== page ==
Devil May Cry 5 Special Edition shows off ray tracing and 120fps games on the PS5 and Xbox Series X – The Sixth Axis

For the past few days, I’ve been able to play and preview Devil May Cry 5 Special Edition. This will give you the first experience of what Capcom can expect to achieve with next-generation consoles. Not surprisingly, there are some additional content as a special edition, from introducing Virgil to the game as a playable character to extend the story, to the new Legendary Dark Knight difficulty and Bloody Palace challenge mode. However, some of the most interesting aspects are how Capcom updates the already good RE engine for the PS5 and Xbox Series X | S.

The RE engine is clearly named after the Resident Evil series. So far, it has been used in two remakes of Resident Evil 7 and Resident Evil 2 and 3, and Devil May Cry 5, and Capcom seems to continue to use it and develop it into the next generation. Resident Evil: Village (AKA 8) and Pragamata both use it and have been (quite strangely) scaled down for the Nintendo Switch and Monster Hunter Rise.

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Since its debut, the RE Engine has consistently been admired for its ability to deliver incredible visual quality, especially through lighting and character rendering, while performing well on all platforms. Capcom can target 60fps for all games, regardless of console. No, especially on the Xbox One, that high goal isn’t always achieved, but it feels like the low-power console RE engine is punching beyond its weight.

So what about the DMC 5 Special Edition? Well, the video above is 1080p. This is because the most interesting thing is happening here. When you load the game on your PS5, Capcom will give you so There are many options here.

I have a 4K60 as a baseline, but if you need additional visual effects, you can turn on raytracing to sacrifice performance. This results in raytracing being very GPU intensive, reducing the frame rate to 4K30. If you want the best of both worlds, you can reduce the resolution to 1080p for ray tracing at 60fps. Finally, for those who want to shave every millisecond, there’s 1080p at 120fps without raytracing-on a dilapidated 2016 TV, I tried this by connecting the PS5 to the Asus VG279QM. This is a powerful PC that can actually go up to 280Hz enough!

At this time, there is no effective way to display 120 fps videos on YouTube. There is no other way but to slow down. So, in the video above, I compared 120fps and 60fps at half speed. This is a simple case of adding liquidity and more responsiveness. 60fps is already great, but games at 120fps help reduce input latency a bit. It also helps (if you can add a variable refresh rate to your mix) to eliminate judder that can be caused by a drop in frame rate.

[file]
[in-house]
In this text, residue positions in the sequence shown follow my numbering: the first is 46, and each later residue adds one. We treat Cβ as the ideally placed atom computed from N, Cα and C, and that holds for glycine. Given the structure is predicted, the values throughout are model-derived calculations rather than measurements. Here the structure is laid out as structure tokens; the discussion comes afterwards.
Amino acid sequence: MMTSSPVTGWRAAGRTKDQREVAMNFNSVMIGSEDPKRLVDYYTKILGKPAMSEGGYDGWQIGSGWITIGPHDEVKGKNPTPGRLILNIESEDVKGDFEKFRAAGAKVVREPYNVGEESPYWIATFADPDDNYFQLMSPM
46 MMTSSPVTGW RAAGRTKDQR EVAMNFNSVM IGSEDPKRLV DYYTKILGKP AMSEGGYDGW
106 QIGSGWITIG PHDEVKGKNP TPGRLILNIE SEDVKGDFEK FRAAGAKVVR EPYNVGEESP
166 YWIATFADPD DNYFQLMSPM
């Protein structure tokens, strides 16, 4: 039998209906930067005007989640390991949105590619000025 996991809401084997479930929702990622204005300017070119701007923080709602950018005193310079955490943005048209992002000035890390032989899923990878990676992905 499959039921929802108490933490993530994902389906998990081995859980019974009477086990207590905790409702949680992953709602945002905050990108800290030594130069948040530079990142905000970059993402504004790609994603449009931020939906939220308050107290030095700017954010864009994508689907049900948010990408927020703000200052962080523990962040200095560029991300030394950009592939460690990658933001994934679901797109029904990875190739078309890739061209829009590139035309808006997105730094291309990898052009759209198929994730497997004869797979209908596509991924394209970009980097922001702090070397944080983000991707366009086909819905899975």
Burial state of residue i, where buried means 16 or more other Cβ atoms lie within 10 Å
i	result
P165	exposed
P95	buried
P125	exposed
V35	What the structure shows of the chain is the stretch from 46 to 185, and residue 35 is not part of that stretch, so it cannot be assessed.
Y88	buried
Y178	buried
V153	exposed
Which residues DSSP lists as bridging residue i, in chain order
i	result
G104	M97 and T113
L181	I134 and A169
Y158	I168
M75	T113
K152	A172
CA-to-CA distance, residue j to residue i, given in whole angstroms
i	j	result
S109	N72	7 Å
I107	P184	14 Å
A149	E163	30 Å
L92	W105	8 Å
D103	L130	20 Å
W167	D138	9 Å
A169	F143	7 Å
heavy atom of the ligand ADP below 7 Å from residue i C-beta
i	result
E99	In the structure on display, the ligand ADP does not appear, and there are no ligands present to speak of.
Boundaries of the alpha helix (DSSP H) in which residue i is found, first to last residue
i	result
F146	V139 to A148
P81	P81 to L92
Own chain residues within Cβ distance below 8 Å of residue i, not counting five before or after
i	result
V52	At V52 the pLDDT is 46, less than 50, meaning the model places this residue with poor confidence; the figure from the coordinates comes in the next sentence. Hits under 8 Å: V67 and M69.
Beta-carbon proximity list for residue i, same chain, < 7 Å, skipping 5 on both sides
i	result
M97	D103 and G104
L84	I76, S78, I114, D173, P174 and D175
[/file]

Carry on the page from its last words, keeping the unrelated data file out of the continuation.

For these heavy-duty games and competitive games like Call of Duty, high refresh rates can be a huge boon, and developers may want to include this kind of option in similar games. I want it. It’s not universally needed, but the option doesn’t hurt and we’ve already seen many games start offering it.

But let’s talk about ray tracing. It’s the real “Well, did they forge it so much?” The moment they step into the city of London at the opening of DMC 5 and notice the reflection of a puddle. Ray tracing isn’t about having reflections in the first place, it’s about making reflections more realistic. Whether it’s cubemaps or screen space reflections, the accuracy of video game reflections has always been limited until we could add ray tracing in addition to these techniques.

Whether the reflections are aligned correctly or you can reflect something out of the camera’s field of view into the game, your scene will be a little more reliable. There are other far more subtle benefits, such as more accurate light diffusion throughout the scene and better shadowing.

However, given how ray tracing can be intensive, developers need to choose how to implement it. The reflected puddle of DMC5 is not only distorted on the surface of the water, but also appears to have a lower resolution than the main game. Also, cubemaps can look more representative due to the many elements that are culled. Ray-tracing reflections can also occur.

But it’s all fascinating and a real sign of what’s to come. Spider-Man: There’s already a lot of analysis on what Miles Morales and Ratchet & Crank are doing, and you can even add the DMC5 Special Edition to that list. As we delve into the next-generation coverage of both the PS5 and Xbox Series X, we’ll dig deeper into this over the next few days, weeks, and months.

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Devil May Cry 5 Special Edition flaunts the ray tracing and 120fps gaming of PS5 and Xbox Series X

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